Fresh Prints

July 13, 2017, by Crafty Pint

Fresh Prints

The unofficial campaign to educate drinkers about the importance of drinking (most) beer fresh continues with the launch of a new video by Modus Operandi. The Northern Beaches brewery has been stamping a packaged on date on its kegs since launching in 2014 and on its cans since they were introduced last year. 

The brewery also takes great care to ensure any beer that leaves the brewery makes its way through the distribution network and venues into drinkers' hands cold and as quickly as possible. Now this short film aims to explain why by delivering a serious message in a lighthearted manner.

Its release comes at a time when there has been more discussion about freshness – or otherwise – of beer than at any other stage in The Crafty Pint's existence. There has been debate over the flexible best before dates on some imported beers – dates that are extended for the Australian market – while we recently asked whether packaged on, best before dates or providing both were best practice while pointing out that many local brewers provide no such information on their bottles and cans.

"For us it's about what's right for the beer knowing we are a brewing company not a shadowy marketing one," says Modus Operandi co-owner Grant Wearin. "We feel strongly that Australian consumers have been pretty much misled and miseducated around how important freshness is to beer quality. It's critical. 

"The only way to support this ethos in a packaged product is to stamp a packed on date not hide behind a best before. For us as a self distributed model we just have to work harder with our outlets in educating the drinker and the retailer on the importance of freshness."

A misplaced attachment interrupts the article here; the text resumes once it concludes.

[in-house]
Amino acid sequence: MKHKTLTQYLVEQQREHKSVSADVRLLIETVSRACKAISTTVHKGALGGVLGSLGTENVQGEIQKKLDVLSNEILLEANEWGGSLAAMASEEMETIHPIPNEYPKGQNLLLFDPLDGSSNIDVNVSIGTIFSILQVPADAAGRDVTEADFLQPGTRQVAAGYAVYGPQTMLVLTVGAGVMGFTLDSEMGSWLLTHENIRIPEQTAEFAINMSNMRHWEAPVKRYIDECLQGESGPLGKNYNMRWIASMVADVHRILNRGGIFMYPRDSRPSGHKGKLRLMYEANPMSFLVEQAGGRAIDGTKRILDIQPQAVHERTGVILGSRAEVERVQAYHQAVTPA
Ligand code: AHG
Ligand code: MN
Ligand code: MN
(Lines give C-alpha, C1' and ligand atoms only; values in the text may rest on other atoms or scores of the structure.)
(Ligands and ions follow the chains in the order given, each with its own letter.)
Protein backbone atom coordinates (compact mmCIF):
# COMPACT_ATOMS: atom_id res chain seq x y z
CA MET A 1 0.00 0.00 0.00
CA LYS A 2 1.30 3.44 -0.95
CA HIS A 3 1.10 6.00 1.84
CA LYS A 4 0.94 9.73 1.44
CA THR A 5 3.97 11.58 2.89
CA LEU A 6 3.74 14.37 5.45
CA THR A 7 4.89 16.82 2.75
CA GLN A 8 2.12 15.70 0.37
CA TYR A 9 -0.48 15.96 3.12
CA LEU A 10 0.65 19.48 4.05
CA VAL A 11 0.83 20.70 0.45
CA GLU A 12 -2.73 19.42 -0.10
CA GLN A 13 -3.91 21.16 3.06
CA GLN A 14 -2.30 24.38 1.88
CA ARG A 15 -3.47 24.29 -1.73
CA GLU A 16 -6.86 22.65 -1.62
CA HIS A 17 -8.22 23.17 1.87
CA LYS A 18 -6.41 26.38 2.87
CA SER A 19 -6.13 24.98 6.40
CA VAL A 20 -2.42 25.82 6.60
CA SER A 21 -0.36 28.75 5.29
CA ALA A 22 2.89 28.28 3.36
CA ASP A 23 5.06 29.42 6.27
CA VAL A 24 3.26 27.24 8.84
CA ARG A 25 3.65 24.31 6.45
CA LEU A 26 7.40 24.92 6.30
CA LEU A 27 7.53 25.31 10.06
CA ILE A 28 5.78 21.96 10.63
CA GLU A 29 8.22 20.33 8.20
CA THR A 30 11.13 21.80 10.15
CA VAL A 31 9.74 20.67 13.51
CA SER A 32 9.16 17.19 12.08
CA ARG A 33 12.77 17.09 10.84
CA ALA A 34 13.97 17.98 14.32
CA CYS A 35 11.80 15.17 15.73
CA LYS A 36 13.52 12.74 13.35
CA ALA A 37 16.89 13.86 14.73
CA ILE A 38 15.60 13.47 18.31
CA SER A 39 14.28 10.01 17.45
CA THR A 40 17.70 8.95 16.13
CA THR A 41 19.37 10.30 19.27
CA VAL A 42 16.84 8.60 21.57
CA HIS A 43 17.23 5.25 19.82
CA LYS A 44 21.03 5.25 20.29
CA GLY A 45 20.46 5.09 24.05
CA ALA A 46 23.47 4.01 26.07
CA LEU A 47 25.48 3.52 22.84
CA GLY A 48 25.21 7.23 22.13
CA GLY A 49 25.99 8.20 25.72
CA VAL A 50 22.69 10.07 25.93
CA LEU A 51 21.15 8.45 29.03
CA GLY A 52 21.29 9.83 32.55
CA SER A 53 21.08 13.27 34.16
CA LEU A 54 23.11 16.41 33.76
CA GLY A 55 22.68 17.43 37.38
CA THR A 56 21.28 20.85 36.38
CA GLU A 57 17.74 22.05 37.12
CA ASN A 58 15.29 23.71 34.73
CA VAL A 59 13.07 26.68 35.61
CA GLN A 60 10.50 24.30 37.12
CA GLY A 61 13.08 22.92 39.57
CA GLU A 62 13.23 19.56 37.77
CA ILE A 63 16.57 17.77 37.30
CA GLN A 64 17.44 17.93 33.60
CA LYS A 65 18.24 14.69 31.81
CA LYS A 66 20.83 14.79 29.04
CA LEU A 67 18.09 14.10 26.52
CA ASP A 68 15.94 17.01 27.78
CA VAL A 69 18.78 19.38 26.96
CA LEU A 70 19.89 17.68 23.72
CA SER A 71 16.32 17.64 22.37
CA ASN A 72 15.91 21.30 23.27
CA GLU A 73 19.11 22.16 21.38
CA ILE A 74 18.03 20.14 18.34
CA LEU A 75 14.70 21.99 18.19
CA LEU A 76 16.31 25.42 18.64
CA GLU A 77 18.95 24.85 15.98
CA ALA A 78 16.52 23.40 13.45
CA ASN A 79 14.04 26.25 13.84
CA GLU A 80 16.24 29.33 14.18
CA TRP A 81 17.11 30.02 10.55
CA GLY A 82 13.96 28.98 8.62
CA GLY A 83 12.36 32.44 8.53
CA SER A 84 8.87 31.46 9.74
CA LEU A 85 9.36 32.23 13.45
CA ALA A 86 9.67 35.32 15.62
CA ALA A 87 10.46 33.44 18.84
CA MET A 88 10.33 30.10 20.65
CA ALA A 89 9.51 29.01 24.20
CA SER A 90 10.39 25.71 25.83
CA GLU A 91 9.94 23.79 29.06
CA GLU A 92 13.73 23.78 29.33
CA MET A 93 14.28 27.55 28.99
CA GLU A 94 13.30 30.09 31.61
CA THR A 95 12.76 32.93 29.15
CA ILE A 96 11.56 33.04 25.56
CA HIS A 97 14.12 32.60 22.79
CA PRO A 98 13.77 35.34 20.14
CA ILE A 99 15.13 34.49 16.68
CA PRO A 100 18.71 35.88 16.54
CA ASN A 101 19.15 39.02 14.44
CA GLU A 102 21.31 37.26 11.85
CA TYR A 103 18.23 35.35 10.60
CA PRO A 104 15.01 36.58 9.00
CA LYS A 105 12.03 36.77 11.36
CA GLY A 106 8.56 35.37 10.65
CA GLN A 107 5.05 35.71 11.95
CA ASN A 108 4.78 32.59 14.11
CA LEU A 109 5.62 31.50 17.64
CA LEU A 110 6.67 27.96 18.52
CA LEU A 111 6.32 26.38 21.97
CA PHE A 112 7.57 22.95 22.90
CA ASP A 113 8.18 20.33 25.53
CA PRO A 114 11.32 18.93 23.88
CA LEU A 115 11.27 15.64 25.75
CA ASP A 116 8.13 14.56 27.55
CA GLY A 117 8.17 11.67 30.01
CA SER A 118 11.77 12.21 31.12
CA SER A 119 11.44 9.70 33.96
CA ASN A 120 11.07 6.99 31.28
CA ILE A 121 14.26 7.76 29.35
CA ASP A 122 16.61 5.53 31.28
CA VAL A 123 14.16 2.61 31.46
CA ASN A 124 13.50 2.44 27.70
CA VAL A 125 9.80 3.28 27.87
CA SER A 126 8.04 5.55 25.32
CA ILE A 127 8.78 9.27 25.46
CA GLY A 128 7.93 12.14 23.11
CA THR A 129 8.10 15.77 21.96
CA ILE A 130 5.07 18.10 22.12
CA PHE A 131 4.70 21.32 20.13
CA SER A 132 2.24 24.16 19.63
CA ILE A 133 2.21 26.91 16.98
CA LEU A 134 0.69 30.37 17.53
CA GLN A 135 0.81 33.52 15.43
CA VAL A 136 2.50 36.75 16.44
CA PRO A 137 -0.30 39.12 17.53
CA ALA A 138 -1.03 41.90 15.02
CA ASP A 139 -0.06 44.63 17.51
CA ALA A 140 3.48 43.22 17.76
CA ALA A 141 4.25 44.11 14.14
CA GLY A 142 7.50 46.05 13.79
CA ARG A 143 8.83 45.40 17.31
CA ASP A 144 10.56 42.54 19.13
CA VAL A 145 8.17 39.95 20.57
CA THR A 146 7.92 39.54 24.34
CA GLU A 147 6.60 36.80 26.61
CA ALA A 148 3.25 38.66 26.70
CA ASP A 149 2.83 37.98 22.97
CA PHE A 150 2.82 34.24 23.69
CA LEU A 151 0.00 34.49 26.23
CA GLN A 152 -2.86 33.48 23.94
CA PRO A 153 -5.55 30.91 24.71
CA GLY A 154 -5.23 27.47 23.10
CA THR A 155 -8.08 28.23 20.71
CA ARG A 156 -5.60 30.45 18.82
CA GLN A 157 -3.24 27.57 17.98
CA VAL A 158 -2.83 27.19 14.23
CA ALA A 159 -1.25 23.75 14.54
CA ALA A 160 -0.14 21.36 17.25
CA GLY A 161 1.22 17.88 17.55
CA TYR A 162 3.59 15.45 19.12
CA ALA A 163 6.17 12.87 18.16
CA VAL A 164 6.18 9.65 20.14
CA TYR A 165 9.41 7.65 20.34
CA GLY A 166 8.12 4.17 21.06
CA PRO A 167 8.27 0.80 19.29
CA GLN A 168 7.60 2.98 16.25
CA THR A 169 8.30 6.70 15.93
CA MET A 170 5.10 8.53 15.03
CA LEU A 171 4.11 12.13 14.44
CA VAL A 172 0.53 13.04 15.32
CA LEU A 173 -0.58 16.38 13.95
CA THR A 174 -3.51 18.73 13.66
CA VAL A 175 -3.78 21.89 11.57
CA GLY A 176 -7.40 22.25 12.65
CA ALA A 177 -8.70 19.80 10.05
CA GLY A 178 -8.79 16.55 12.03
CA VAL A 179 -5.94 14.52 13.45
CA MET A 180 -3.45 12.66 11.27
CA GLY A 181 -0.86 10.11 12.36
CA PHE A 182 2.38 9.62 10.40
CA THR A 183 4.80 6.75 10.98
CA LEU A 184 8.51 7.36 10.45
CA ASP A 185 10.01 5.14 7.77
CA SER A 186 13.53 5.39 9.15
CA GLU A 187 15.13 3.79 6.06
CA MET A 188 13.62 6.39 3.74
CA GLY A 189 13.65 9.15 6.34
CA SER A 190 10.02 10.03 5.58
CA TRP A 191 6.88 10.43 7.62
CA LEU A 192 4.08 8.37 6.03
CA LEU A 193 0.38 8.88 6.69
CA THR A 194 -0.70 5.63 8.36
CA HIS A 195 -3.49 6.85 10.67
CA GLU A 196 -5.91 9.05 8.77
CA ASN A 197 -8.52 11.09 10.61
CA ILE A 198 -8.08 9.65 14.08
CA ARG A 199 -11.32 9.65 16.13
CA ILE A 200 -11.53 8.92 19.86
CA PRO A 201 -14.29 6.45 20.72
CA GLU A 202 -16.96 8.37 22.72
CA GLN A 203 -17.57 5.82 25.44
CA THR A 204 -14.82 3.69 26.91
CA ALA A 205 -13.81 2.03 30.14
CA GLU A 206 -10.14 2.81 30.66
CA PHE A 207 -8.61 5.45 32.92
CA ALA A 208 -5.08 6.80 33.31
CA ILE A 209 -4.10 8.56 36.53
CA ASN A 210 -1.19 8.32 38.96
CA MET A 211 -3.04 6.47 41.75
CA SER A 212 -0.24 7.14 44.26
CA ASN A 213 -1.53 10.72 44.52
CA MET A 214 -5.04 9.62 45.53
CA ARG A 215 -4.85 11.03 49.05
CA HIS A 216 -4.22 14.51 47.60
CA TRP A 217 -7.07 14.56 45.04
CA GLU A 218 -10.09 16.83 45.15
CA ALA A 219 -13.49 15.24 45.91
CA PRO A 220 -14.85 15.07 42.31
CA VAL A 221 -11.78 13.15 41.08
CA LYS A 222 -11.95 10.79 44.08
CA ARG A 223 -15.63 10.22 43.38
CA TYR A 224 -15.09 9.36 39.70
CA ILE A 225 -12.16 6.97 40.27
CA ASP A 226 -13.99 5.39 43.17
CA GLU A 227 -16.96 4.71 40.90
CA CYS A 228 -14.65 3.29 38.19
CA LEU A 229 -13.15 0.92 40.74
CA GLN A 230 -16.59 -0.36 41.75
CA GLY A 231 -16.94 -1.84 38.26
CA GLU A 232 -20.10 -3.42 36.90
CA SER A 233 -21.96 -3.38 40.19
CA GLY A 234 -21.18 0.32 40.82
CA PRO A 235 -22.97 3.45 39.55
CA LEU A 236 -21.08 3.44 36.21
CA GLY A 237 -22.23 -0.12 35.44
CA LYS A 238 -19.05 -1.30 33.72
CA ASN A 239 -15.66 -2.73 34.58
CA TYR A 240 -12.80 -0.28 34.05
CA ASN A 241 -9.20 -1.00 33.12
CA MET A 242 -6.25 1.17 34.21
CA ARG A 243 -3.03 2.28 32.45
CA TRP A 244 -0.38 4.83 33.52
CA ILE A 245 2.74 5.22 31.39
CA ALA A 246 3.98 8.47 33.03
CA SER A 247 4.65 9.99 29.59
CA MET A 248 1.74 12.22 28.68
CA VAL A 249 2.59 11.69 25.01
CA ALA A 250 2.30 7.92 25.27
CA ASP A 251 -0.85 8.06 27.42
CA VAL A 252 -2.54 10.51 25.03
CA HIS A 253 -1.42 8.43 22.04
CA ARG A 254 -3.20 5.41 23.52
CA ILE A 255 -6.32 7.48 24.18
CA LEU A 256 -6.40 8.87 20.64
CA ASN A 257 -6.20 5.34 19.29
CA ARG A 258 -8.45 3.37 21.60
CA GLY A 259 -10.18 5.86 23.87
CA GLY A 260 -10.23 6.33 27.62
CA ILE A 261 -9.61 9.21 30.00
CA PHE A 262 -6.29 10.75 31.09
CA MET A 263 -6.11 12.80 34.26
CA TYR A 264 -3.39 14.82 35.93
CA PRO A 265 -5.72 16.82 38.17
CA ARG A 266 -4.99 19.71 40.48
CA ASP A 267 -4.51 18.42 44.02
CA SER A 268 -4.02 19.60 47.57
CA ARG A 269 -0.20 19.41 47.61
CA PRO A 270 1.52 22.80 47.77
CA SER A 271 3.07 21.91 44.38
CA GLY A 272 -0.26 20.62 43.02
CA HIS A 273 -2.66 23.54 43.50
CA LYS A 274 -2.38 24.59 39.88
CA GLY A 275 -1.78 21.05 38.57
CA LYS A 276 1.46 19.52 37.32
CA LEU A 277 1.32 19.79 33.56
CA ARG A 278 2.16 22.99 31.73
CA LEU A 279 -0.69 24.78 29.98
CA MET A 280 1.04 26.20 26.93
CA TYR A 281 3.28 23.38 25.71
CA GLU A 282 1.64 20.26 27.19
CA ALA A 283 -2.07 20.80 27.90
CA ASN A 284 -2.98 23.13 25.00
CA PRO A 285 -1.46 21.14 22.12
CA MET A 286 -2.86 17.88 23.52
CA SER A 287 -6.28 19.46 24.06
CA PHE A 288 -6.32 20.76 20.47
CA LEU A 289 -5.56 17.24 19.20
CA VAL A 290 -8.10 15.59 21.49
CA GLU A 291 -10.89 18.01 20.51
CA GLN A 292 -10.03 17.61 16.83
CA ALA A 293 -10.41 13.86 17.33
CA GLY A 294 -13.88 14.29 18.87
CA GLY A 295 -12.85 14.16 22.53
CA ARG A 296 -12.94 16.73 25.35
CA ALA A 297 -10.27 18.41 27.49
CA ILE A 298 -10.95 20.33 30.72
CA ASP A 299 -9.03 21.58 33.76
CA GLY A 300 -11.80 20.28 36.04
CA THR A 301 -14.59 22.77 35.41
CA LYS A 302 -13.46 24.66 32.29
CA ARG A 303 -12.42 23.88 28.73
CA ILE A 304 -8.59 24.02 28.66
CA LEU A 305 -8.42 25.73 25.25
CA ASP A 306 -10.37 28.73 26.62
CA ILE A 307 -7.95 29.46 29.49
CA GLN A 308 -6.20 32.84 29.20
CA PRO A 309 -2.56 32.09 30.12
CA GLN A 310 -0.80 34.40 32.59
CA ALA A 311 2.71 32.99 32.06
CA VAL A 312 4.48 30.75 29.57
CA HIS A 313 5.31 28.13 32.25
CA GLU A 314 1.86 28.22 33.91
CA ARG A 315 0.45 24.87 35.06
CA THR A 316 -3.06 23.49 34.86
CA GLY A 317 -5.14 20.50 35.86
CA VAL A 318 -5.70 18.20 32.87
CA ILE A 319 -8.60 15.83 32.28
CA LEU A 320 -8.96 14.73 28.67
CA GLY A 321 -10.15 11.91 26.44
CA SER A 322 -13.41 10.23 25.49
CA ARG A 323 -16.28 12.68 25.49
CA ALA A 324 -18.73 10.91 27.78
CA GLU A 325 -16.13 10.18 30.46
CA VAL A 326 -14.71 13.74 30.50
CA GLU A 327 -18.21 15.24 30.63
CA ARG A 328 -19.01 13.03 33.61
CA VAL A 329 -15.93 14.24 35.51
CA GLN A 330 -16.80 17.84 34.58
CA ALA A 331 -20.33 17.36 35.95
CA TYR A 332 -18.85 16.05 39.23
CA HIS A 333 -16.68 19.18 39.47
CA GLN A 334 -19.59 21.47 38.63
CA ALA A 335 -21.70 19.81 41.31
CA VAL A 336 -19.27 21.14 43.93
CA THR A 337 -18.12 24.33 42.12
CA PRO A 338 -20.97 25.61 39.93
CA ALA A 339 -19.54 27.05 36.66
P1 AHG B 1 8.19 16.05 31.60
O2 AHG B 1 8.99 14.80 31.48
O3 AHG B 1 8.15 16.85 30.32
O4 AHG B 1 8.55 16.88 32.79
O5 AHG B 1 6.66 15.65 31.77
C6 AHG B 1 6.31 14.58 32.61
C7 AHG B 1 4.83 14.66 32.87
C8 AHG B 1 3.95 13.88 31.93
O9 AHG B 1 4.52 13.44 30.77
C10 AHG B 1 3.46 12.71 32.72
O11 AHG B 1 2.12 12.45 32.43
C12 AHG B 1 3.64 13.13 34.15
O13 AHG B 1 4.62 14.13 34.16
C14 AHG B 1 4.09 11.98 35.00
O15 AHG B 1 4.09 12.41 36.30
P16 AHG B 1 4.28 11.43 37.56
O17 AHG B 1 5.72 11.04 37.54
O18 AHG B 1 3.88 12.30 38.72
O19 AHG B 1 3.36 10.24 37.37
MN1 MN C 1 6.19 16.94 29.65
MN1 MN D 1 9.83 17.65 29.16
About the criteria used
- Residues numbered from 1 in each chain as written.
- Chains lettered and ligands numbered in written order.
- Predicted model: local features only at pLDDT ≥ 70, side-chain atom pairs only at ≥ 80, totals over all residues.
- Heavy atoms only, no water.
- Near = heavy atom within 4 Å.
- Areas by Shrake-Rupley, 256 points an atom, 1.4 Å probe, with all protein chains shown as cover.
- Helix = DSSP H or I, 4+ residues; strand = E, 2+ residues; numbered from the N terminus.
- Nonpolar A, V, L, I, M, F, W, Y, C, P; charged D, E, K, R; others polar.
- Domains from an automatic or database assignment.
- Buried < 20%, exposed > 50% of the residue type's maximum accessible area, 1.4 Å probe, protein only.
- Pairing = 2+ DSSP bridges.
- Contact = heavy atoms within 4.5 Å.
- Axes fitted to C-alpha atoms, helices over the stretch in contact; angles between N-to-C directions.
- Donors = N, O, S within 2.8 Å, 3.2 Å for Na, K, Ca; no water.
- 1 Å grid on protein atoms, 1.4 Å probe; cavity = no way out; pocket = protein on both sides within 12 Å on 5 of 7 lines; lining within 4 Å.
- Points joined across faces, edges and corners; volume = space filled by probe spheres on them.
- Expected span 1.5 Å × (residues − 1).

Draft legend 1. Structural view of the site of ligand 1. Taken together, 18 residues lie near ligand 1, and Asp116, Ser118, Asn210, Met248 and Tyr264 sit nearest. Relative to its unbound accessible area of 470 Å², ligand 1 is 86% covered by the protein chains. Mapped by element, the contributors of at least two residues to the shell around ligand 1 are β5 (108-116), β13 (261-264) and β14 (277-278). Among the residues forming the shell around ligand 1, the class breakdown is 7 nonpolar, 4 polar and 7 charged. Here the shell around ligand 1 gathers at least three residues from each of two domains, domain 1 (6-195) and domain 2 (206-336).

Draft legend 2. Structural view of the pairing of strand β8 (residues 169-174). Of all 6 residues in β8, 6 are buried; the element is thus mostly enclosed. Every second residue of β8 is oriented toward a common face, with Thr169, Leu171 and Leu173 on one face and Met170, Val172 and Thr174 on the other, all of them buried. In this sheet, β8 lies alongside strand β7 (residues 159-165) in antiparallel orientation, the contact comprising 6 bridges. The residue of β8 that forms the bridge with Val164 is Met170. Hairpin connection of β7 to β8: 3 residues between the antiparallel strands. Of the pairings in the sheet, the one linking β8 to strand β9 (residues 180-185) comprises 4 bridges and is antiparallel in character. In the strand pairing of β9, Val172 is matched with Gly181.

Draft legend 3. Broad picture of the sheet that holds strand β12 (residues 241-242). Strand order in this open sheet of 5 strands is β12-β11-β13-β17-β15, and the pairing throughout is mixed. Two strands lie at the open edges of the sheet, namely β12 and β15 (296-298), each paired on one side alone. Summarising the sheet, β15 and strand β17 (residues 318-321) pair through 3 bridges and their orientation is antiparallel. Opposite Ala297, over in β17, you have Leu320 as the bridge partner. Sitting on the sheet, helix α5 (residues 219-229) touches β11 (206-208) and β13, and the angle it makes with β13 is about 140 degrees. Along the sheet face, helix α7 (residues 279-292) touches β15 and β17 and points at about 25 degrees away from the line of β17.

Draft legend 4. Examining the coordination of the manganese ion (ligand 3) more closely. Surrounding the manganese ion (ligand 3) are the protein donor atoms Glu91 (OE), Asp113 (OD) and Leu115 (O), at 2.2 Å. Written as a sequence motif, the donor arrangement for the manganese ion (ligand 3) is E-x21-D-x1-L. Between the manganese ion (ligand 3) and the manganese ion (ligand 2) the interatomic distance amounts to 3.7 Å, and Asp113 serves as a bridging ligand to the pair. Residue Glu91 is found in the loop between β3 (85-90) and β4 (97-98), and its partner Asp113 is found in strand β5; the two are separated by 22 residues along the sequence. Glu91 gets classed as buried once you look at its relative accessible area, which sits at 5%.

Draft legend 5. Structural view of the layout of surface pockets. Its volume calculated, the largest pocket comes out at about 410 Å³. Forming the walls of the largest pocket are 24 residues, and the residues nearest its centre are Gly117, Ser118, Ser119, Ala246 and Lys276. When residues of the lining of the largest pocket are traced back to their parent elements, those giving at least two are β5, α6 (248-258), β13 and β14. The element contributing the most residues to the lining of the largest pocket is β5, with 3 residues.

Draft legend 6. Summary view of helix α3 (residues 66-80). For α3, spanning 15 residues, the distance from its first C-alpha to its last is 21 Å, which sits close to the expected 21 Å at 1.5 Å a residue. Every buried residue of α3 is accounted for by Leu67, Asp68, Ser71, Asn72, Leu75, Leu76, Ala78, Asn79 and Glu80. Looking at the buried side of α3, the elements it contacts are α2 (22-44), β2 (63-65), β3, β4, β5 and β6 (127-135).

Grant Wearin (left) and head brewer Dennis de Boer (right) taking guests through their brewery earlier this year.


The impact of age on beer is something we've looked to highlight through our blind tastings. We've had trophy and gold medal winning beers fare badly often because they're months old by the time we've picked them up from trade. That's in the cases we can ascertain their age; often bottles and cans come with no indication of age, meaning the only hope a drinker has of knowing if a beer is fresh is to have a retailer they trust.

There are many brewers looking to hammer the message home. Despite clamour for its beer from the East Coast, for years Feral Brewing held back from sending beer across the country until it could guarantee refrigerated transport and continues to highlight the "Fresh is Best" message via its Tusk Days, for example.

Cold storage and cold distribution is something Grant describes as "a huge part of the puzzle for us", with his beers transported via a refrigerated truck in Sydney, Canberra and Newcastle. He also obliges customers who wish to stock Modus Operandi beers to agree to cold storage as a part of their trading terms. 

He says: "Volume based beer businesses will chuckle at us for doing that but they are largely the same businesses struggling to hold onto their customer in this market we brew in. Right sizing your brewery is another critical point, moving stock fresh to your customers is critical. So you won't find over capitalised breweries, in terms of brewing capacity, putting packed on dates as it might take them a month or more to move a single batch.

"We don't believe you can short change the customer by potentially selling them old beer while you grow into your brewing kit. Every brewer with growth ambitions I've spoken to is obsessed with asking, 'How big's ya brewhouse, mate?' I always answer the question but wonder why nobody asks how quick do you turn your stock – it's in part because some brewers have made the choice to hide behind best before dates and/or grow into a big brewing kit over time. Our 'right-sized' brewhouse runs all the time and we employ more brewers as a result."